Messiah’s Melodious Shout of Confidence on Behalf of His People 

a brief study of Psalm 108, adapted from PCC Prayer Meeting Exhortation on 9 July 2010

Psalm 108 is not very well-known to most of us; but it has a rather unique distinction. It is unique in that it comprises two parts, each taken from a different psalm. The first part, verses 1-5, is taken from Psalm 57:7-11[1]; whereas the second part, verses 6-13, is taken from Psalm 60:5-12.

Now, we have earlier entitled Psalm 57, “The Righteous One rejoicing in the midst of lions, arrows, nets & pits.” It was written by David at the time when he was being pursued by Saul; and it reflected Christ’s suffering as He faced much persecution because of Satan and those under his influence. But the portion that is included in Psalm 108 makes no mention of the suffering of the Righteous One, for it is about His resolve to praise the Father in spite of and despite the difficulties He was facing.

Likewise, Psalm 60 may be entitled, “The Righteous One’s prayer for victory for His people.” It was written by David, in a time of war, probably just before they marched into Edom to avenge their attempt to invade Judah. The first part of this psalm is really a lamentation. Verse 3, for example, reads: “Thou hast shewed thy people hard things: thou hast made us to drink the wine of astonishment” (Ps 60:3). But again, the part that is quoted is the second half of the psalm that expresses confidence in the Lord.

In other words, Psalm 108 is a combination of the joyful and triumphant portions of Psalm 57 and 60 into one victorious hymn of confidence.

We may entitle this psalm, “Messiah’s melodious shout of confidence on behalf of His people.”

Let’s look at the two parts of this psalm. The first part may be subtitled: “A Confident Resolve to Praise.” The second part may be subtitled: “A Confident Assurance of Victory.”

1. A Confident Resolve to Praise

1  O God, my heart is fixed; I will sing and give praise, even with my glory.

The glory here refers either to the tongue, or more likely, to the soul. As we open our lips to sing this psalm in union with our Lord, we resolve with our Lord to praise God from the bottom of our heart regardless of the outward circumstances we are in.

It is easy to sing and to praise God when the circumstances around us gives us much joy and occasion of thanksgiving. It is much more difficult to sing and praise God when our hearts are constantly under assault by many troubles as was the case with our Lord, or with His type and penmen, David. 

But we exist to glorify God, so our highest joys will be found in praising Him. So praise Him we must. So we join our Lord to resolve to praise the Father come what may. 

Our Lord was troubled from every side. He was troubled by the infirmities of the flesh He had to endure on account of our sin. He was troubled by the sinful designs of those who hated Him. He was troubled by those who ought to love Him for their half-heartedness and lack of faith. 

But His heart was fixed to praise God. He would not allow Himself to sway to and fro in the midst of the storms. And He was not going to change His mind about praising His Father even though the Father had yet to deliver Him from the sore trials He was undergoing. 

So let us adopt the same attitude and resolution. Say to your soul: My heart is fixed. I will sing and give praise. Yes, my soul is in perplexity and grieving. Yes, it is hard to sing praise in such situations. But it is not impossible if I would stir my heart sincerely.

2 Awake, psaltery and harp: I myself will awake early.

Neither David nor the Lord is referring to musical instruments, but to the musical ability of the soul. It is interesting to note that the apostle Paul probably had the first two verses of this psalm in mind when he wrote:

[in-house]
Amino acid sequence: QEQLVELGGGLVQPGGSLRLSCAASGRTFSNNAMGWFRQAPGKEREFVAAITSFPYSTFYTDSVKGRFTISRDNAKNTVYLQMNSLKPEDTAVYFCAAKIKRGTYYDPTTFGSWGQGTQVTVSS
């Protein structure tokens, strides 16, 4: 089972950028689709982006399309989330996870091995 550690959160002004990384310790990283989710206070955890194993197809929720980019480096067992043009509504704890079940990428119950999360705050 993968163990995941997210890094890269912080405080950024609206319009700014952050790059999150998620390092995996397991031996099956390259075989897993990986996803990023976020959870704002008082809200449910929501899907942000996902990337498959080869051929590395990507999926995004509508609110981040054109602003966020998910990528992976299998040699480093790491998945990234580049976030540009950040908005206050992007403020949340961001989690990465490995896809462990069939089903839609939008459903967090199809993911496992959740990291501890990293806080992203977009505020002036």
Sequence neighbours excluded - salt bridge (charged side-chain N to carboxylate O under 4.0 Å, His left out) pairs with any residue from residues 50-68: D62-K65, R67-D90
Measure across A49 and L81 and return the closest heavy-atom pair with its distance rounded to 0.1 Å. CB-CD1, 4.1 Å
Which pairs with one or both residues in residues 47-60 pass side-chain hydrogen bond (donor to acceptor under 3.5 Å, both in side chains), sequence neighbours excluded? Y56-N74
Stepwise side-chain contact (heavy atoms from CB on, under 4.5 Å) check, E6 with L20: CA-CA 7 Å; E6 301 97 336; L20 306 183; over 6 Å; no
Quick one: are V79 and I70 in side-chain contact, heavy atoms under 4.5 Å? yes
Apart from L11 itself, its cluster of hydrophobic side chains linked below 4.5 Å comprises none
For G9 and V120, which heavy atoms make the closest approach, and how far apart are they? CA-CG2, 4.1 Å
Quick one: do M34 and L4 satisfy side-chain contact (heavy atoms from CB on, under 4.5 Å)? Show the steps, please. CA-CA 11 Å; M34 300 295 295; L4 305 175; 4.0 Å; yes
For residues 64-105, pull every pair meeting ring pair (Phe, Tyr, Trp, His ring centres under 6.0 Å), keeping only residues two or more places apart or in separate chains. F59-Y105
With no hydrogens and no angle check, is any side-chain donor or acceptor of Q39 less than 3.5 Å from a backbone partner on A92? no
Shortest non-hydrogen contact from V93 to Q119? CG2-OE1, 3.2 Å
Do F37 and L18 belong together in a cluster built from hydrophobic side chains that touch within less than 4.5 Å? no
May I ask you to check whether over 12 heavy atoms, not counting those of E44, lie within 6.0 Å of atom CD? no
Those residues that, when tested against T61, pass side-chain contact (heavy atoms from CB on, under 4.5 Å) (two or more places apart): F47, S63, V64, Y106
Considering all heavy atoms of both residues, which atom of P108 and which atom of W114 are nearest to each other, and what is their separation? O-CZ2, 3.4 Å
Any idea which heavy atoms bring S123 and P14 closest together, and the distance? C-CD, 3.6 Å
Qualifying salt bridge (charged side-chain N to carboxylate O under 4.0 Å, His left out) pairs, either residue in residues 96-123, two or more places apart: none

“Speaking to yourselves in psalms and hymns and spiritual songs, singing and making melody in your heart to the Lord” (Eph 5:19) 

The Greek for the words “singing and making melody” is essentially the same as the Septuagint translation of the words “sing and give praise” in verse 1 of our text. 
So when we sing, “Awake, psaltery and harp: I myself will awake early,” we are singing our resolution to stir our hearts to make melody unto the Father. We are signaling our resolve not to allow the negative emotions in our heart to reign over us. We would not want to be controlled by emotions. Rather we will do what our minds tell us is the right thing to do. We will exercise the will and resolutely praise the Father. 

We will praise Him everywhere as per our Lord’s prophesy and resolution…

3 I will praise thee, O LORD, among the people: and I will sing praises unto thee among the nations…

This prophecy was only to a small degree fulfilled in David, whereas in Christ Jesus it was fulfilled fully. For Christ indeed praises the LORD among the people. He indeed sings unto the Father among the nations whenever believers gather together to worship God using His words. He would do so by His spirit after His resurrection. 

     “I will declare thy name unto my brethren: in the midst of the congregation will I praise thee” (Ps 22:22). 

What of the Father’s name does our Lord declare? He will declare His mercy. He will declare His truth and faithfulness. He will declare His glory:

4 For thy mercy is great above the heavens: and thy truth reacheth unto the clouds.  5 Be thou exalted, O God, above the heavens: and thy glory above all the earth;

The mercy or covenant loving-kindness of the Lord is great above the heavens. His truth or faithfulness to keep His promises reaches beyond the cloud. It is more certain than that God should send rain and sunshine on His people. It is greater than that God should send the entire host of the created heaven to fight for His people, for He sent His only begotten son to die for His people. 

Oh shall we not join with the son to lift up the name of our God far above the heavens that His glory may shine upon all the earth. 

But as we resolve to praise the Father, let us also join our Lord to sing with a confident assurance of victory over all that are at enmity against our enjoyment of God. 

This is in the second part of this psalm, which is…

2. A Confident Assurance of Victory